Bicycle wheels hiss up and down Second Avenue, creating a symphony of pumping pedals and shifting gears outside of Elizabeth Harper’s sixth floor window. The music lasts from morning to as late as 11 o’clock at night, says the 91-year-old who has lived in her East Harlem apartment since 1959. Cyclists in the neighborhood are nothing new.
“I’m afraid of the bicycles when I come out. I have to turn around and look, because they get so close to you and you could fall,” said Harper. Her neighborhood led New York State in pedestrian-cyclist accidents from 2007 to 2010, according to a recent Hunter College study.
Safety concerns, along with transportation initiatives, spearheaded Community Board 11’s push for protected bicycle lanes along First and Second avenues in East Harlem. Beginning next spring, the Department of Transportation will build the lanes between 100th and 125th streets, working on Second Avenue first. The project is part of the DOT’s plan to extend bicycle lanes from Houston to 125th streets.
The measure has sparked uproar from small business owners, who worry that the new lanes will worsen traffic congestion and complicate deliveries. But the community board and local cyclists have applauded the decision, listing its many benefits and considering it a step towards safer streets for all. East Harlem residents find themselves toeing the line, pleased with the increased safety but worried that the plan will intensify daily traffic.
“The bottom line is it’s going to cost me more money,“ said Scott Weinstein, owner of a Second Avenue delivery service, adding that having his staff work around the existing bus lanes and pending bicycle lanes will result in more hourly labor. Traffic congestion and lack of parking currently stretch a 5-block delivery to an 8-block one, he says, and the new lanes will only make matters worse.
Under the DOT’s plan, Second Avenue in East Harlem would lose a travel lane.
In midtown, some small businesses have juggled bicycle and bus lanes for the past year, admitting that deliveries are a hassle.
“The trucks have to park two blocks away and carry the stuff to us,” said Valerie Kalaibjain, manager of a pharmacy on Second Avenue near 42nd Street, “Sometimes we have to go and get it because they can’t get in.”
The DOT says it went door to door letting small businesses in East Harlem know about the coming change, a statement some shop owners contest. “I’m here everyday, seven days a week, from 7 A.M. to 11 P.M. Nobody came here,” said clothing store manager Muhamed Dialloh.
Community Board 11 approved the DOT’s plan Sept. 20, with 37 members voting in favor, none voting against and three abstentions. In a meeting that saw one angry small business owner yelling at DOT representatives, the board agreed that the bicycle lanes’ payoffs will outweigh the inconveniences in the long run.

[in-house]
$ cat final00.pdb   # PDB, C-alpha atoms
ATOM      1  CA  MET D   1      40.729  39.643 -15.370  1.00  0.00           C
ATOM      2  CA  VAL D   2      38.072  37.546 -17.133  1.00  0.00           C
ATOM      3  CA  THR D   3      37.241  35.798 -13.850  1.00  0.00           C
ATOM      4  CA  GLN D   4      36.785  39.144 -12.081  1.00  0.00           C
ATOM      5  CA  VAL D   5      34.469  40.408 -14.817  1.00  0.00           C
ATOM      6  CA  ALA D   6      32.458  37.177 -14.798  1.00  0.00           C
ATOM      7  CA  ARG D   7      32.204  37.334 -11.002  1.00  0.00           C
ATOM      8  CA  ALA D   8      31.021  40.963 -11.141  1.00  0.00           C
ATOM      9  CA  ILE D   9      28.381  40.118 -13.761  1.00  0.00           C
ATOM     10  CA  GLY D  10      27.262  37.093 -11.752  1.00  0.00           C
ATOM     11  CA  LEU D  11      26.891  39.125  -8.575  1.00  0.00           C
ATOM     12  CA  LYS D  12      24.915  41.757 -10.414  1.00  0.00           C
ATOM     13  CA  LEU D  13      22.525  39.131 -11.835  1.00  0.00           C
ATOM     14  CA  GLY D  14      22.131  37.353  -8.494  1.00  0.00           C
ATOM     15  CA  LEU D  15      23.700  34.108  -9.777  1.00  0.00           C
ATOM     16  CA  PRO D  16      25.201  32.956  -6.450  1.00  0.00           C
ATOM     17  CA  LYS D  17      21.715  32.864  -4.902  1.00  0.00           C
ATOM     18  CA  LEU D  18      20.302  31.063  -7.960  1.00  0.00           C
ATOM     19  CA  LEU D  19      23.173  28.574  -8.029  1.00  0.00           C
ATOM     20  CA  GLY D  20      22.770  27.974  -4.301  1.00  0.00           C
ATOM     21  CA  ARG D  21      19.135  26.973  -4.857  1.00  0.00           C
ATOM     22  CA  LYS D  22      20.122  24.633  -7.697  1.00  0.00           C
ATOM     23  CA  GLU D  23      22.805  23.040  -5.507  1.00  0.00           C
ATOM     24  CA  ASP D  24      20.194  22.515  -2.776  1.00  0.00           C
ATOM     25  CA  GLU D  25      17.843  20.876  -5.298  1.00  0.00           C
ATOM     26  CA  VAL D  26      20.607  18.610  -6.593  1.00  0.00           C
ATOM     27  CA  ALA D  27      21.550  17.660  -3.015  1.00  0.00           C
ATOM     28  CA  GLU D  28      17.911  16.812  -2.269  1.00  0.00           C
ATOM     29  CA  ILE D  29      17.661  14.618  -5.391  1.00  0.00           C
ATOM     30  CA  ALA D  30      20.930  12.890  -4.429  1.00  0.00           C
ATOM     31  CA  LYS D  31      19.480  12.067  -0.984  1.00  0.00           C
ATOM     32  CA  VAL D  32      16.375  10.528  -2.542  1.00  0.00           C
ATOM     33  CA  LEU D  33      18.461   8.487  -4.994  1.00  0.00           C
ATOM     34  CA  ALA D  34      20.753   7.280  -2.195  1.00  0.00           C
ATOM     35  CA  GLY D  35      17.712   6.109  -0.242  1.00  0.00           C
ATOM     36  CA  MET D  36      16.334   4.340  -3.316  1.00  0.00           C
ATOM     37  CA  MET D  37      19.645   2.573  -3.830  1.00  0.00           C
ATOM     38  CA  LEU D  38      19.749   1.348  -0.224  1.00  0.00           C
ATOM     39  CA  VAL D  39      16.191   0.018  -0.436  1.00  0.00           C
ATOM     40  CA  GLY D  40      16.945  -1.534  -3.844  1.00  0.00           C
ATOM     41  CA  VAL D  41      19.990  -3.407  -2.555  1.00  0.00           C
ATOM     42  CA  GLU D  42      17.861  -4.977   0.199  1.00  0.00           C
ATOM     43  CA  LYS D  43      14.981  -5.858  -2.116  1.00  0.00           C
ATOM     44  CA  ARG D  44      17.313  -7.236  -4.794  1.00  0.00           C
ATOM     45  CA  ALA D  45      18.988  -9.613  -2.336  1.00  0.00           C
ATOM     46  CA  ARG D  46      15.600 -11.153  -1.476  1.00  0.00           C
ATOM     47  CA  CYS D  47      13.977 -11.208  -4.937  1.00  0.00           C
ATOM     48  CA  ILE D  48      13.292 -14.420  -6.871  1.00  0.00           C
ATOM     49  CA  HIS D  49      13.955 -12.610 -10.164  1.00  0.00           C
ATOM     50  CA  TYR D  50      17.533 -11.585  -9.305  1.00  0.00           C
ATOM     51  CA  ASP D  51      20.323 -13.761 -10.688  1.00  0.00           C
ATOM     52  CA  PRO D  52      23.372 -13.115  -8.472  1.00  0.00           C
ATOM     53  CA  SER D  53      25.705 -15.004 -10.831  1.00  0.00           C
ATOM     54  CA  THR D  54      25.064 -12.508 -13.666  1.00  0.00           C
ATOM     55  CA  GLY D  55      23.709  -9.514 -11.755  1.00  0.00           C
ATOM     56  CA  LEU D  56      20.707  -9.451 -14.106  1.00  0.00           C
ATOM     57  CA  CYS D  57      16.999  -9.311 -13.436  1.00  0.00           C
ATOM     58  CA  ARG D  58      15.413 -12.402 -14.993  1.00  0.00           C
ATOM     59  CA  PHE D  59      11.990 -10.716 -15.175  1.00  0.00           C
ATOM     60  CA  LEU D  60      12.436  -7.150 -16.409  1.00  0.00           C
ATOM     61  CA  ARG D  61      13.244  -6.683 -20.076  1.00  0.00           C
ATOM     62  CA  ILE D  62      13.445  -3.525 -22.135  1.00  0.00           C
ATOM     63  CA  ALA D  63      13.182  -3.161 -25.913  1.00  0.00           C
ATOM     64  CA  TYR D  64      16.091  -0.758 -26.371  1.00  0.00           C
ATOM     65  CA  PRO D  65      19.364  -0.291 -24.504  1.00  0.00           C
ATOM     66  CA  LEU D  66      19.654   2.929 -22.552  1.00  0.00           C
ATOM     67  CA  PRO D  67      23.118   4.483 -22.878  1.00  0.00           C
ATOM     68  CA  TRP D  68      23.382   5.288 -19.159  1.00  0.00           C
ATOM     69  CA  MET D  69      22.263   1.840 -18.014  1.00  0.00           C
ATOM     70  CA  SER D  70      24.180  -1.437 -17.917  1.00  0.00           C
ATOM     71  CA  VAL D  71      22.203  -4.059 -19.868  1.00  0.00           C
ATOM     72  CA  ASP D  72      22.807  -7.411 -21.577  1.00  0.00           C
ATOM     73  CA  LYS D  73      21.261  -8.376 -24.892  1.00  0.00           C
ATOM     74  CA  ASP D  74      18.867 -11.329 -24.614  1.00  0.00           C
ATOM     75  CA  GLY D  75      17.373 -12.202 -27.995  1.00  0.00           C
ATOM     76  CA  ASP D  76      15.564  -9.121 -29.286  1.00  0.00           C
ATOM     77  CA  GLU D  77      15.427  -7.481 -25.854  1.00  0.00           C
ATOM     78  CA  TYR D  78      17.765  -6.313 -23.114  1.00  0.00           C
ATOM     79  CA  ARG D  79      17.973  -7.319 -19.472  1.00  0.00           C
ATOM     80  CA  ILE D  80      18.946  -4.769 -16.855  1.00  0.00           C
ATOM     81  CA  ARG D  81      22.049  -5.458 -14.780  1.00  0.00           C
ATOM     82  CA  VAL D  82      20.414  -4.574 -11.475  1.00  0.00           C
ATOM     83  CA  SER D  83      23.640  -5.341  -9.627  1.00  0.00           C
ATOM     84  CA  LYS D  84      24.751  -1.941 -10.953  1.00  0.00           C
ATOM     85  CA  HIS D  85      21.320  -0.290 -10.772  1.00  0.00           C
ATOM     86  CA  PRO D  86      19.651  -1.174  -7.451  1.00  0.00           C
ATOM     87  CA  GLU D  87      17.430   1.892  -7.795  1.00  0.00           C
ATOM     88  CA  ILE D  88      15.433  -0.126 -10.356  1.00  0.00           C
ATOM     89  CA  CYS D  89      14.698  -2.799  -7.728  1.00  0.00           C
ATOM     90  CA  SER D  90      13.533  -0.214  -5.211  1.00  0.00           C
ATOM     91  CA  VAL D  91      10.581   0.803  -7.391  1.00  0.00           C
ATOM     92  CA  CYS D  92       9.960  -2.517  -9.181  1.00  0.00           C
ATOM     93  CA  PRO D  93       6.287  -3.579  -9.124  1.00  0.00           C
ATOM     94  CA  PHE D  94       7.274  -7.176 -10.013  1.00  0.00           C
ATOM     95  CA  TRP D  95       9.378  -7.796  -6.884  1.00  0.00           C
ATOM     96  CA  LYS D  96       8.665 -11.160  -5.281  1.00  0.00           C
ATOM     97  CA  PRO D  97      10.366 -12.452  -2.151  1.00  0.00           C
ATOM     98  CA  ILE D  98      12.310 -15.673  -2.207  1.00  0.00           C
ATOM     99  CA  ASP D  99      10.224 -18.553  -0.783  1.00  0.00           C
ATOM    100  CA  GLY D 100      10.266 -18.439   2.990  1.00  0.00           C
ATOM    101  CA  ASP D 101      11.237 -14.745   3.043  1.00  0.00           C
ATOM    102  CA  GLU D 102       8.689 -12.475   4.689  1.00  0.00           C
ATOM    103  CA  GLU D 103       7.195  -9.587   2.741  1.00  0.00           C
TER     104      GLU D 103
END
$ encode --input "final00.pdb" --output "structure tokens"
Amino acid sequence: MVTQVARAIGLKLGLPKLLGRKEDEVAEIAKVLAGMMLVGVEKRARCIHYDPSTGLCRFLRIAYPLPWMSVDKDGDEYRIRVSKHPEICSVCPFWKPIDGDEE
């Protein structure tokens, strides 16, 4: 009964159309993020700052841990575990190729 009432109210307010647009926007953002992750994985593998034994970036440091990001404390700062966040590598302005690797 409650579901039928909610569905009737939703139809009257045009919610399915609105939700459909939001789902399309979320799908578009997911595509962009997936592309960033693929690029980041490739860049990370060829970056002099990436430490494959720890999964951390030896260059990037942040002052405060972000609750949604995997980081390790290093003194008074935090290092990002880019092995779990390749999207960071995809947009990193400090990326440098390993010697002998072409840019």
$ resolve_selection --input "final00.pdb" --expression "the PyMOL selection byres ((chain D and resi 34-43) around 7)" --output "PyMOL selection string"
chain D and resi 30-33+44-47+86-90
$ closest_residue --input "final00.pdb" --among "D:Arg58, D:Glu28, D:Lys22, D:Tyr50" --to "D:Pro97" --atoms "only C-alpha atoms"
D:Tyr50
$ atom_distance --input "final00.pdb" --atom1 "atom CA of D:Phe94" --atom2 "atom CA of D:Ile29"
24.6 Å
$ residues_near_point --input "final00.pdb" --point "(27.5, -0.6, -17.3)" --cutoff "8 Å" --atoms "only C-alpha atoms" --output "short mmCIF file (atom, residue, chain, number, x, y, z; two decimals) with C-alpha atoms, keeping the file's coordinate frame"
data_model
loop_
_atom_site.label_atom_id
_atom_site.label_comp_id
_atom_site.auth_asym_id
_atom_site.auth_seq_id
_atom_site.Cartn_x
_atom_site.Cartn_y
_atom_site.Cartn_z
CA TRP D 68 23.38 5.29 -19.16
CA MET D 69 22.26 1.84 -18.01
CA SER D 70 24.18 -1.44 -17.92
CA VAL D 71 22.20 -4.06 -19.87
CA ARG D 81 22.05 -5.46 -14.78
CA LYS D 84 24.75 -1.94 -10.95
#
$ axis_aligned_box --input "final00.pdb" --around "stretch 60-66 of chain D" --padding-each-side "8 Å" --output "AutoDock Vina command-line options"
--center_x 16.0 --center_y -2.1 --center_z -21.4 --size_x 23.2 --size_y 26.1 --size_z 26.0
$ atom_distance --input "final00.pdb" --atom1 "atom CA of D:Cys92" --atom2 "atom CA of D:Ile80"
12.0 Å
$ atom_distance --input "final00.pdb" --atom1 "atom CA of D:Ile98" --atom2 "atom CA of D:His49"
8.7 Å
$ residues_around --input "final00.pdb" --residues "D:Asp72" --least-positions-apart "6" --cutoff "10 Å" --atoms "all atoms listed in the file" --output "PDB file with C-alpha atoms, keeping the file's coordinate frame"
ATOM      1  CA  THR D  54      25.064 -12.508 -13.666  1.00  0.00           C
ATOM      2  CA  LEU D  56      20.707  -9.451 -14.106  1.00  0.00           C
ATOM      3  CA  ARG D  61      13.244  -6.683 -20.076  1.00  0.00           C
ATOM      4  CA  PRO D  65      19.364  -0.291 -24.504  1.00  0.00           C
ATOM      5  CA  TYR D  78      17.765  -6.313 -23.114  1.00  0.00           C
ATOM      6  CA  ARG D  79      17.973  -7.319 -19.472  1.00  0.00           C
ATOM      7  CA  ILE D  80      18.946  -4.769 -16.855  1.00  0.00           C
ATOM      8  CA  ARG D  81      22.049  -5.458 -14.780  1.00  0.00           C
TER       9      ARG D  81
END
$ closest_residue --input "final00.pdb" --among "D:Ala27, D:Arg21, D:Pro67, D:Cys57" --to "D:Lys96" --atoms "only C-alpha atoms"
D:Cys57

“The lanes will serve for safer recreation and commuting purposes,” said Board Chair Matthew Washington, noting the lack of public transportation on Manhattan’s East Side.
About 2 percent of East Harlemites use their bicycles to get to and from work, according to U.S. Census data, a number that trails only lower Manhattan and northwest Brooklyn. “The bike lanes will make it a lot easier for us in traffic,” said rider Eric Perez, recalling an accident with a yellow cab.
Community leaders also believe the lanes will promote healthy living. In the neighborhood, one in four elementary school children and six in 10 adults are overweight or obese, according to a report by the East & Central Harlem District Public Health Office. At the Sept. 20 meeting, members listed recreational cycling’s health benefits as a way to tackle this issue, an underlying incentive for the new lanes.
Washington adds that local shop owners’ concerns are being heard and that the board is working with the DOT to find a solution that accommodates everyone. The DOT says a meeting with the board and small business owners will take place in November.
“There’s no reason why we can’t move forward with these new lanes while also addressing the worries of small business owners,” said Washington.
Some longtime residents like Harper welcome the lanes, believing that a designated area for riders will reduce bicycle related accidents. DOT statistics show that accidents have significantly decreased in areas recently equipped with lanes, dropping nearly 37 percent. Residents who drive, however, are concerned.
“You have the bus lanes taking up most of the street, then you add a bike lane. How many lanes are you going to have for the cars?” said Albert Ocasio, parked outside of his building near 121st Street, “It’s going to make traffic a lot worse.”
But more traffic is a small price to pay for overall safety, says resident Colleen Diggs, “It’s New York City. If you don’t like congestion, you shouldn’t be here,” she said.
Despite the rift, one thing all sides agree on is that the bicycle lanes will prove useless in the face of cyclists who blatantly disobey the law. Many cyclists don’t follow the rules of the road, local drivers and residents say, often choosing to ride opposite the flow of traffic and weaving through cars.
Washington agrees that cyclists, like those zooming up and down the street outside of Elizabeth Harper’s window, will have to fully cooperate for the new bike lanes to be effective.